When Are Notes Appropriate?
(This post was originally written in February, 2010)
Former Alaska Governor and Vice Presidential candidate Sarah Palin’s appearance before the Tea Party convention in Memphis [in 2010] brings this question to mind: When are notes appropriate in an interview? Now Gov. Palin appeared before a live audience and she had written three message points on the palm of her hand. During a Q & A session with a 100 percent supportive audience, was photographed referring to those notes before she answered a question.
The fact that she used notes in the first place and wrote them on her hand in the second subjected her to a cascade of ridicule. In my case I was reminded of a Geology 101 final in college where I noticed the center of our football team copying the names of the geological eras off his palm (and somehow failing the test anyway!)
In media training workshops, I urge participants to use notes when doing a phone interview but to avoid them in a face-to-face interview, because the reporter will put in his story that you had to refer to your notes. This is exactly what happened to domestic diva Martha Stewart when she granted The New Yorker her very first interview after being accused of insider trading. The interview, with legal correspondent Jeffrey Toobin, was face-to-face and he mentioned that Ms. Stewart kept referring to index cards with message points on them.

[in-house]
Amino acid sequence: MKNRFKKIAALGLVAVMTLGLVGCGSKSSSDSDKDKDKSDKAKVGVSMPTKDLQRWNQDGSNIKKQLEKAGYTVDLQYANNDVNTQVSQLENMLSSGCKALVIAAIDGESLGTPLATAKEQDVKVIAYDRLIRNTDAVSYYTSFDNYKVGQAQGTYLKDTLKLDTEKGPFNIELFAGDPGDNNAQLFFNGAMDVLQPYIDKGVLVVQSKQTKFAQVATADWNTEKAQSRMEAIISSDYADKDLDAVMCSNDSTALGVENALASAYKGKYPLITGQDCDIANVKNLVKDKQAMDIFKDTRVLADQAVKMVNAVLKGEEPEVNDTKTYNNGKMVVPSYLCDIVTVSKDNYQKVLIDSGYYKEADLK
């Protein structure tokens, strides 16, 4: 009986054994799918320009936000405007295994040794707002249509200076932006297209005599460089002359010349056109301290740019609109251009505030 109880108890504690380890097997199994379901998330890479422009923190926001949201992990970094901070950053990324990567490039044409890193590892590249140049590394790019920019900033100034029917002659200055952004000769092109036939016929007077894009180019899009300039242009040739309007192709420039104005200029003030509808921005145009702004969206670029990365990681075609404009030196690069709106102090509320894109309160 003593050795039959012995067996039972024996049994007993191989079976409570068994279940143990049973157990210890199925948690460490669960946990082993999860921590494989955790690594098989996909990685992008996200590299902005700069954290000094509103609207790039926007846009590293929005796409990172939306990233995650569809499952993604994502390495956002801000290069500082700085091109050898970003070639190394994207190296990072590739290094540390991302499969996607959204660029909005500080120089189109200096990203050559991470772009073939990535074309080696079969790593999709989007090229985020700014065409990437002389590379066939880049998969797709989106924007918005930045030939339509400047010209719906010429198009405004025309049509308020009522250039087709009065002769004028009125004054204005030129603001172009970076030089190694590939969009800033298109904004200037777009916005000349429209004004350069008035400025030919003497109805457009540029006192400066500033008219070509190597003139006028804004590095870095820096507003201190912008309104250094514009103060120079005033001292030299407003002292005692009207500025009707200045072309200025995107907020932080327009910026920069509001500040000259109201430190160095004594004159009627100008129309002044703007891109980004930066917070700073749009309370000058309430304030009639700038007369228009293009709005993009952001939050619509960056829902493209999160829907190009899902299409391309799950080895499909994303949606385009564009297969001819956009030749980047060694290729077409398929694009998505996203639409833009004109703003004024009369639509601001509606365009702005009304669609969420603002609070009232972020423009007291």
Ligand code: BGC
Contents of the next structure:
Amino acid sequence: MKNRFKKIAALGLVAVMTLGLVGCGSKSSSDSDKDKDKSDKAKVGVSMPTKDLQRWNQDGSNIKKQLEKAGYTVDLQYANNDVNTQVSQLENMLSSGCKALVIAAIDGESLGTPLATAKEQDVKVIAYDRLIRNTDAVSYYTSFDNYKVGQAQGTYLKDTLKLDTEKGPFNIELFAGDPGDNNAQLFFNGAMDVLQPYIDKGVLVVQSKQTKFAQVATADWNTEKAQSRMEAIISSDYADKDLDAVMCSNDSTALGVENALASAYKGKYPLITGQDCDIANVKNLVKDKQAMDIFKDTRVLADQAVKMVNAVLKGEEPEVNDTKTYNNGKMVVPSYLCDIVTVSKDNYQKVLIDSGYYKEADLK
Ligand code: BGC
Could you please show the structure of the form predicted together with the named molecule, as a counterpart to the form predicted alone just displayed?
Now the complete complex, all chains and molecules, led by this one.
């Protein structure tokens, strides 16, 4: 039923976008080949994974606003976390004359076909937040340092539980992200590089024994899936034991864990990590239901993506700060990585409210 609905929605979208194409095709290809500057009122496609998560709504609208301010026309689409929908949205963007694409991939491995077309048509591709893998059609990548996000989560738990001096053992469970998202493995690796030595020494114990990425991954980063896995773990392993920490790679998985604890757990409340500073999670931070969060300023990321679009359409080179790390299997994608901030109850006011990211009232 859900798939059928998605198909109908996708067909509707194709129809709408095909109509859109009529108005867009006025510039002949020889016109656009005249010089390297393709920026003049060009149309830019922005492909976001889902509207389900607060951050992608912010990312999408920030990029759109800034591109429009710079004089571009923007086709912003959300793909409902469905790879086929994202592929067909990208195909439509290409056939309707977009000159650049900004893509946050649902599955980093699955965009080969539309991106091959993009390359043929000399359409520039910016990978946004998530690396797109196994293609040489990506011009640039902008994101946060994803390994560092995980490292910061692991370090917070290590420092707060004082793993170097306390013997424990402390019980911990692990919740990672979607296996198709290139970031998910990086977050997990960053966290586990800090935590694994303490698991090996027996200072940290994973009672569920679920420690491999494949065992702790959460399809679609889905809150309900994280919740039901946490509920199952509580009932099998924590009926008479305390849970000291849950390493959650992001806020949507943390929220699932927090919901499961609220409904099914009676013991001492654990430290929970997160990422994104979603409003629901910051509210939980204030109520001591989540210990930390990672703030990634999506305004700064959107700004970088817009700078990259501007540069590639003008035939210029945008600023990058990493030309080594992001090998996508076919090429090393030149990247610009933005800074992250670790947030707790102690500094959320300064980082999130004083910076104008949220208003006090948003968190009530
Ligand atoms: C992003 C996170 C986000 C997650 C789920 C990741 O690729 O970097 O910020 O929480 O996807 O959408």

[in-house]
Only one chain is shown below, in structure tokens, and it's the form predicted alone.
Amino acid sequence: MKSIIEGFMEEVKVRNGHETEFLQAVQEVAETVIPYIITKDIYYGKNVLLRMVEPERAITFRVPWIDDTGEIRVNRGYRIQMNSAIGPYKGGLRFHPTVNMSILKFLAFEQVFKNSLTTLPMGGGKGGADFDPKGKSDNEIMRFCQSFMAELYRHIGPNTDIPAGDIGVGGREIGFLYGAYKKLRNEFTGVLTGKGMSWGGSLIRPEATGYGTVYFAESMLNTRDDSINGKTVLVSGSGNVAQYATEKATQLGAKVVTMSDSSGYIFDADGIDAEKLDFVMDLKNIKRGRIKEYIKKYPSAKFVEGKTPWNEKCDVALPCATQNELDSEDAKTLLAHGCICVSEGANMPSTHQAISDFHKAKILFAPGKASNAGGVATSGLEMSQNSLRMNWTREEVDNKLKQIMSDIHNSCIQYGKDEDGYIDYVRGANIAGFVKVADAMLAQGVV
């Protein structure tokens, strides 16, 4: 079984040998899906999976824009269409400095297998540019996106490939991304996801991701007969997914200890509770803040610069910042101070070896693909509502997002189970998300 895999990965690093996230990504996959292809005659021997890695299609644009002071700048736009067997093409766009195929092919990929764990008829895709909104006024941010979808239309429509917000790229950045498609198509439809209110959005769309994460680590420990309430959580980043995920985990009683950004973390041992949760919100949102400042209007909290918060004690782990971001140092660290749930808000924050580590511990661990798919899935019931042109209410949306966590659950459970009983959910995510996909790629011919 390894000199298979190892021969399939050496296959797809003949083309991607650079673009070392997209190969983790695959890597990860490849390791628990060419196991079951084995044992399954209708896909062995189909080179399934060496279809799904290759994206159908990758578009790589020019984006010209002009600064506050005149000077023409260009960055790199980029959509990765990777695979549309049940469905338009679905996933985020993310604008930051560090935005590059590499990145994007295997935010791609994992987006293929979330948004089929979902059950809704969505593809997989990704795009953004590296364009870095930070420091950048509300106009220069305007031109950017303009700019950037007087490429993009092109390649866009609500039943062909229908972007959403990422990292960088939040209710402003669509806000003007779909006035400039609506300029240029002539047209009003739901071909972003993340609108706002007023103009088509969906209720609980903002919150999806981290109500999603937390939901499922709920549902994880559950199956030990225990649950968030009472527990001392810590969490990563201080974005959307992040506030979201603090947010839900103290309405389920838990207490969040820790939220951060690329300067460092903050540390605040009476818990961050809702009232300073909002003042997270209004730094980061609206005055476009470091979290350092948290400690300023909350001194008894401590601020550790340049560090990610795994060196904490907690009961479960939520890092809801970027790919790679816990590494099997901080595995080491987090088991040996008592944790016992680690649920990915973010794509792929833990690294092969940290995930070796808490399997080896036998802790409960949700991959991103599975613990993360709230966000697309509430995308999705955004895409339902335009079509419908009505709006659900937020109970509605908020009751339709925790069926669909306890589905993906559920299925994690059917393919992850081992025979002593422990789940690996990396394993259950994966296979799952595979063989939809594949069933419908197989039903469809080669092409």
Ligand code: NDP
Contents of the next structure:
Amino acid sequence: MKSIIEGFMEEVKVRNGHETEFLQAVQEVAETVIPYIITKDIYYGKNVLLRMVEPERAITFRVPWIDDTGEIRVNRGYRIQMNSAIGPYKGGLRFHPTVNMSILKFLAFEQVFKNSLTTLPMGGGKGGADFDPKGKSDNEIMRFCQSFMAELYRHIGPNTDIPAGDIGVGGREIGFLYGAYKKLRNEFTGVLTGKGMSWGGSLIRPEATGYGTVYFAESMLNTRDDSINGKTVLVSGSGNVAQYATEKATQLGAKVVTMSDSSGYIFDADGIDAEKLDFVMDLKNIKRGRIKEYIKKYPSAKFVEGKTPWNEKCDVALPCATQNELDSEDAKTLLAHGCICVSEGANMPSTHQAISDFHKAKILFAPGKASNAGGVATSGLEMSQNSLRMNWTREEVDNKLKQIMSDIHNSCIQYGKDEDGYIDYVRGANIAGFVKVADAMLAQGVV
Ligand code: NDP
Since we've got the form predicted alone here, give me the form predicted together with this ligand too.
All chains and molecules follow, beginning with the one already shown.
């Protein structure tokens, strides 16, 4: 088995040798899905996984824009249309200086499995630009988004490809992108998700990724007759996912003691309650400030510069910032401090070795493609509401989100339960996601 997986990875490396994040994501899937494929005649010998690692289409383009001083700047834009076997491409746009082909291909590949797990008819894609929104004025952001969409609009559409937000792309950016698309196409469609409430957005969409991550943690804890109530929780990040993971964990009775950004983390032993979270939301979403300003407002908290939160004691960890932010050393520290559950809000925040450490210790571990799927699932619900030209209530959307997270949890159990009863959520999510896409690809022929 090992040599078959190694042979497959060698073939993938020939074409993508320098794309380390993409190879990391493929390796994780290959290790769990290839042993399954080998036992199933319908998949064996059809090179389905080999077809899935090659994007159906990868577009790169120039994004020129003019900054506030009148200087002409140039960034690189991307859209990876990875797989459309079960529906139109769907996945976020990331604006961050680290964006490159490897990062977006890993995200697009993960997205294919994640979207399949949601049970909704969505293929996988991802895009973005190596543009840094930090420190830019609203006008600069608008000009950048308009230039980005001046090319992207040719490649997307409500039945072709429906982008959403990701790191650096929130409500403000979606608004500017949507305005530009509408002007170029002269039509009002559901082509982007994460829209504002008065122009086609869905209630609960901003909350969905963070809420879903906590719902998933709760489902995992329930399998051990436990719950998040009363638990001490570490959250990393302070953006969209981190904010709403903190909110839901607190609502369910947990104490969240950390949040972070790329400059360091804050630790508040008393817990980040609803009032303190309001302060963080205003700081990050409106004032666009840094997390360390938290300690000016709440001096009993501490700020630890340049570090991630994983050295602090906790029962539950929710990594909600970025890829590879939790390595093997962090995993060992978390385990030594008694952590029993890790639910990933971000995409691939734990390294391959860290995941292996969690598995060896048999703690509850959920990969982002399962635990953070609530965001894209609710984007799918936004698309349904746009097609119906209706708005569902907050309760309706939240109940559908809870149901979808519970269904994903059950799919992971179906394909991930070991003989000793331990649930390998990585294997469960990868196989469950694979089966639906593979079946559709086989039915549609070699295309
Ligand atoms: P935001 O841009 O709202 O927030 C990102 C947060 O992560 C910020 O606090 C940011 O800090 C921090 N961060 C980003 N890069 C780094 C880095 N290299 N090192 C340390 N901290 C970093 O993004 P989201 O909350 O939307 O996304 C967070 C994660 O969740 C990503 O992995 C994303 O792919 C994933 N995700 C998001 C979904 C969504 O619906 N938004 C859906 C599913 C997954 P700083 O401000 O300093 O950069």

I also recommend against using notes during a television interview, because they can undermine your credibility and credentials. However, I believe notes are a legitimate aid in two isolated and unique circumstances:
To get quotes right
To convey complex concepts or statistics.
For instance, if you want to highlight a point with an historical quote, there’s nothing wrong with saying, “I’m quoting Thomas Jefferson, who had it right, but I want to read his words exactly as he wrote them…..” and then looking down at notes with the exact quote.
Similarly, it’s okay to say, “There is a lot of room for error here, so I want to read you these numbers…” and then doing just that.
Your notes should be on an index cards and after reading them put the cards aside — otherwise you may keep glancing down at them or fidgiting with them.
In other words, on the rare occasions when you are going to use notes when face-to-face with a reporter, tell her why you’re using them, make no secret of your use and then put them aside after you’ve deployed them. Interview notes don’t belong on the palm of your hand — to most people they evoke the same cheating-on-the-test image they did for me. And certainly, if you need notes they ought to be about complex matters, specific statistics or the exact wording of a quote or document and not about general themes. Ms. Palin’s notes were “Energy,” “Tax,” “Lift American Spirits,” general themes, not specific details.
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